The chief executive officer for Consumer Advocates for Smoke-Free Alternatives Association (CASSA) said investigating patterns of use and consumer preferences for e-cigarettes is vital to ensuring that vapor products can remain on the market.
Alex Clark told the Tobacco Newswire a recent JUUL Labs study, which showed that people who smoke mint/menthol e-cigarettes are less likely to abstain from combustible cigarettes than those who use tobacco flavor e-cigarettes, is just one more piece of evidence in a growing body of literature that supports what consumers have been saying for more than 10 years.
“People who are trying to quit smoking prefer to experience something other than burning cigarette and interesting flavors help us move away from combustible tobacco,” Clark said.
The results of the study, according to Clark, challenge the evidence-free claim that adults who vape would be adequately served by restricting their options to mint, menthol, wintergreen and tobacco flavored smoke-free products.
“It also challenges accusations that flavors are designed solely to appeal to young people,” Clark said. “Consumers were demanding vapor products in interesting flavors long before JUUL even hit the market.”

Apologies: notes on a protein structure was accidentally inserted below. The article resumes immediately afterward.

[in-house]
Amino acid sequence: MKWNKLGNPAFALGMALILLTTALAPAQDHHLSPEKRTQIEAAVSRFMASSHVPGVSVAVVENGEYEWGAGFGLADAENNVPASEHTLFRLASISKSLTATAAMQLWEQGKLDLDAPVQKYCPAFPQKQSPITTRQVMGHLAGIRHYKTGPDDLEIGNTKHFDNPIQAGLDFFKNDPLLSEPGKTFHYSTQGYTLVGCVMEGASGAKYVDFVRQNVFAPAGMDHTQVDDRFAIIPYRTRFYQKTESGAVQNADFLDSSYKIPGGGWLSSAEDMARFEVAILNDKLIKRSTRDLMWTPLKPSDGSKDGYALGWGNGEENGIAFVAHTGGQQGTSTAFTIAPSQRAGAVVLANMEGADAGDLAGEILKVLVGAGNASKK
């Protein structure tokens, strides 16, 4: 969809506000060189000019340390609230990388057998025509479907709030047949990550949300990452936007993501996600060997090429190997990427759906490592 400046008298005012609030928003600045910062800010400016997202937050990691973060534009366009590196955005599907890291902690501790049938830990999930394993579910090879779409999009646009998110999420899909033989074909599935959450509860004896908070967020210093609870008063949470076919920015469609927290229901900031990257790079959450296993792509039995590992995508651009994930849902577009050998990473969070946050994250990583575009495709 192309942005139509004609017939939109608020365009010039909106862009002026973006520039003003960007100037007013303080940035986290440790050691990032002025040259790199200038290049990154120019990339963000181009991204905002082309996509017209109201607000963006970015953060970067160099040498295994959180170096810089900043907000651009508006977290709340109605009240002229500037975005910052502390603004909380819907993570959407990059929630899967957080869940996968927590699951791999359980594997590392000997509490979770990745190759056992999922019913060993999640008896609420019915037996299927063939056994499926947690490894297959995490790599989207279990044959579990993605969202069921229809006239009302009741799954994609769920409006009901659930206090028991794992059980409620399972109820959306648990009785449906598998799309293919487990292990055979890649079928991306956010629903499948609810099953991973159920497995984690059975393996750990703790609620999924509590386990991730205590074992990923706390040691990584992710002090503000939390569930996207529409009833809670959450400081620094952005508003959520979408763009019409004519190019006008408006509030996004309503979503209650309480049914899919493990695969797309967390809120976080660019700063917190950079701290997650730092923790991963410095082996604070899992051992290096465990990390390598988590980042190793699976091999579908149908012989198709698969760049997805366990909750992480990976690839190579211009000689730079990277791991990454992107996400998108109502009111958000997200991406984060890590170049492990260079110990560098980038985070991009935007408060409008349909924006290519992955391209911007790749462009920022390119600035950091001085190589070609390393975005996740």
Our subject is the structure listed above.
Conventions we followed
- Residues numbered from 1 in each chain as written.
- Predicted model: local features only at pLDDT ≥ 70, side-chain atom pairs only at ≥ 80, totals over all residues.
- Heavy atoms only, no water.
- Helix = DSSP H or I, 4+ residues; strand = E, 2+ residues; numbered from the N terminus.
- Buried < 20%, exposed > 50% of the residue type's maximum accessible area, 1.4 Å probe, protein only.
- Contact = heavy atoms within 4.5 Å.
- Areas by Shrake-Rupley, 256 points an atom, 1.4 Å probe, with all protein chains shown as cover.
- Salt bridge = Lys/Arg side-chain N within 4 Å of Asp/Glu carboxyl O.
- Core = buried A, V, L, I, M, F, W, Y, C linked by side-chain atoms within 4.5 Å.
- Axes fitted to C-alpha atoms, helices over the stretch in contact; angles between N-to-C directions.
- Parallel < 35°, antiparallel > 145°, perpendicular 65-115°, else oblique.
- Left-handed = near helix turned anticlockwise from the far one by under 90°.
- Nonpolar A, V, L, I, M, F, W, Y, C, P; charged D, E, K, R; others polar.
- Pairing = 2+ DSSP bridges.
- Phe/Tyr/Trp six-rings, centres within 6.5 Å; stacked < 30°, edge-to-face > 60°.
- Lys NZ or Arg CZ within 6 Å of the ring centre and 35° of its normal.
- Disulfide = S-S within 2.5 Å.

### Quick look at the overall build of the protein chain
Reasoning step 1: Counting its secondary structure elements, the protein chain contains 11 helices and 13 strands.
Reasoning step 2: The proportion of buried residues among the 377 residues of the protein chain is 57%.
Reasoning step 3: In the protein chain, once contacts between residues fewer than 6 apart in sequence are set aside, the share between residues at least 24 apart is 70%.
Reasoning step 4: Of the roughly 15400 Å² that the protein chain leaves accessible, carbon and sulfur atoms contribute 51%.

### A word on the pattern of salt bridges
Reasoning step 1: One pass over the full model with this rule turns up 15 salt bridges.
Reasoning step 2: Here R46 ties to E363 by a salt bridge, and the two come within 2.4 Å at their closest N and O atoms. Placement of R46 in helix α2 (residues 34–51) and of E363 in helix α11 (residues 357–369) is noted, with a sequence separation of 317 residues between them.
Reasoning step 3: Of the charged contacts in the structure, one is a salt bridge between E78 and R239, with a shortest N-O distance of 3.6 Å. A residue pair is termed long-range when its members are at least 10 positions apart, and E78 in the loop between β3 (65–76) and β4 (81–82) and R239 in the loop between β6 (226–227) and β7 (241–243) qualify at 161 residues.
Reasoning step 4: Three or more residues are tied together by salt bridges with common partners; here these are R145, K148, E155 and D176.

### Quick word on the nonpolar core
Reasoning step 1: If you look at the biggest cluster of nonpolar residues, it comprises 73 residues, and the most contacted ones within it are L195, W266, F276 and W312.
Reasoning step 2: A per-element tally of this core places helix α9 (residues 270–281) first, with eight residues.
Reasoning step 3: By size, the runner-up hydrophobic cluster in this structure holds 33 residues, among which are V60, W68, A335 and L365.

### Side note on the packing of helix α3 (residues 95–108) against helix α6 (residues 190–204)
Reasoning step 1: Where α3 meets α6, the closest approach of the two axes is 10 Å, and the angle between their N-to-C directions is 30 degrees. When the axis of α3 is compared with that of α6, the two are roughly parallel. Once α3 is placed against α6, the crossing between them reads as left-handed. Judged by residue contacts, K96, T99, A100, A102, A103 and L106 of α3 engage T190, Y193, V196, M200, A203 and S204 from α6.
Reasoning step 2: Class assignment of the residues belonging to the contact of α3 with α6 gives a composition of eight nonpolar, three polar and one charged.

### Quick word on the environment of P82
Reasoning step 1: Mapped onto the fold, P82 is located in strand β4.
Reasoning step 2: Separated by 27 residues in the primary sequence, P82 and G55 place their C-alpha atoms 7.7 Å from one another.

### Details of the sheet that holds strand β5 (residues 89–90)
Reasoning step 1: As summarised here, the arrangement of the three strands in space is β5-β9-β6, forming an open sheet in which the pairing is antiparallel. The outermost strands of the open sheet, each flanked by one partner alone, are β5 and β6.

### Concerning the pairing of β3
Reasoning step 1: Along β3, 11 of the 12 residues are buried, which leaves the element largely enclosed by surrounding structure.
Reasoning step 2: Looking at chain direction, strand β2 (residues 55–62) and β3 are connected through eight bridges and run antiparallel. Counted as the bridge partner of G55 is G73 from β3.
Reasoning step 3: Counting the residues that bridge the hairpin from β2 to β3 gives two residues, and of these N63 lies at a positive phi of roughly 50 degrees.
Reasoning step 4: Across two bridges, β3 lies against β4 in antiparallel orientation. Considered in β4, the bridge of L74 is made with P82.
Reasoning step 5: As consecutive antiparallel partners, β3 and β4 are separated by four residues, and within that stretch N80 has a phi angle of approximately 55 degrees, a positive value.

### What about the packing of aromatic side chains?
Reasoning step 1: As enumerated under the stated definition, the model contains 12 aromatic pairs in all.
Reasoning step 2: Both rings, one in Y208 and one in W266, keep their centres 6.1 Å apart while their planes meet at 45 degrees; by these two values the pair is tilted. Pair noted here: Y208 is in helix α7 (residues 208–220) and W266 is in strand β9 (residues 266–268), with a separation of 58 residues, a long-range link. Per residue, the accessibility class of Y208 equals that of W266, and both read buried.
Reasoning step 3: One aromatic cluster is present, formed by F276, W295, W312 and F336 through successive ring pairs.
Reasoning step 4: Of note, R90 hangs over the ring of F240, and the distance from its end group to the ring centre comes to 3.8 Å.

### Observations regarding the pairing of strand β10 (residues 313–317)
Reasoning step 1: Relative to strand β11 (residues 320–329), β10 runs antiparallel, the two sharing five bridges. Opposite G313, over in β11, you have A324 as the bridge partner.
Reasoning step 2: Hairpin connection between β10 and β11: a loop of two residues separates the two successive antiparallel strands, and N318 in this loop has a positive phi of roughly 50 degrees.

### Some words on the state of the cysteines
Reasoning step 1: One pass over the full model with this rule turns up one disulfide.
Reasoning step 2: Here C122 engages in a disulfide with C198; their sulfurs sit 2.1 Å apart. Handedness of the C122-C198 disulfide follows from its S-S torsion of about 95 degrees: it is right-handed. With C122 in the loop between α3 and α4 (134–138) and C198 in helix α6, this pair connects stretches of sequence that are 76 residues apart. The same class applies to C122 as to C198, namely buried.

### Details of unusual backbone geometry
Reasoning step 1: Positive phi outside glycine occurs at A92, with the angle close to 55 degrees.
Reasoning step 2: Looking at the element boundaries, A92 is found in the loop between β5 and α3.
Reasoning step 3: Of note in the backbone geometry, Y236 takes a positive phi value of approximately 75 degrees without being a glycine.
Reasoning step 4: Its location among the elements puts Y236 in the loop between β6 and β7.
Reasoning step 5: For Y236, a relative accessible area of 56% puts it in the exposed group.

JUUL changed the game in 2015 for people who want to quit smoking, according to Clark.
“Prior to JUUL's introduction, small, automatic draw devices were too low-power to deliver the same experience and nicotine delivery of combustible cigarettes,” Clark said.
In an ideal regulatory environment, JUUL would have several competitors by now, which would be even better for consumers, Clark said.
“In the eyes of the FDA, JUUL and other pod- or cartridge-based device manufacturers have a long, uphill road to meeting the enigmatic 'appropriate for the protection of public health' standard that is required in order to bring new tobacco or nicotine products to market,” he added.
Ultimately Clark said selling safer, smoke-free nicotine products, which appeal to millions of people around the world who continue to smoke, is likely to have massive public health benefits.
“The fastest way to reach these consumers is to make sure that they see their alternatives in the same places where they routinely buy combustible tobacco,” Clark said.
Bottom-line, public health should take precedence over age for those who judge e-cigarettes like JUUL, according to Clark.
“Pinning the blame for anyone taking up nicotine use — regardless of their age — on a specific product feature diminishes the overall conversation we're having about addiction,” Clark said.
He added that such beliefs impede an investigation into root causes and ignore humans' motivations for chemically altering their mood.
“It also has the dangerously convenient effect of creating a boogie man that anti-tobacco ideologues use to rail against an entire industry,” Clark said.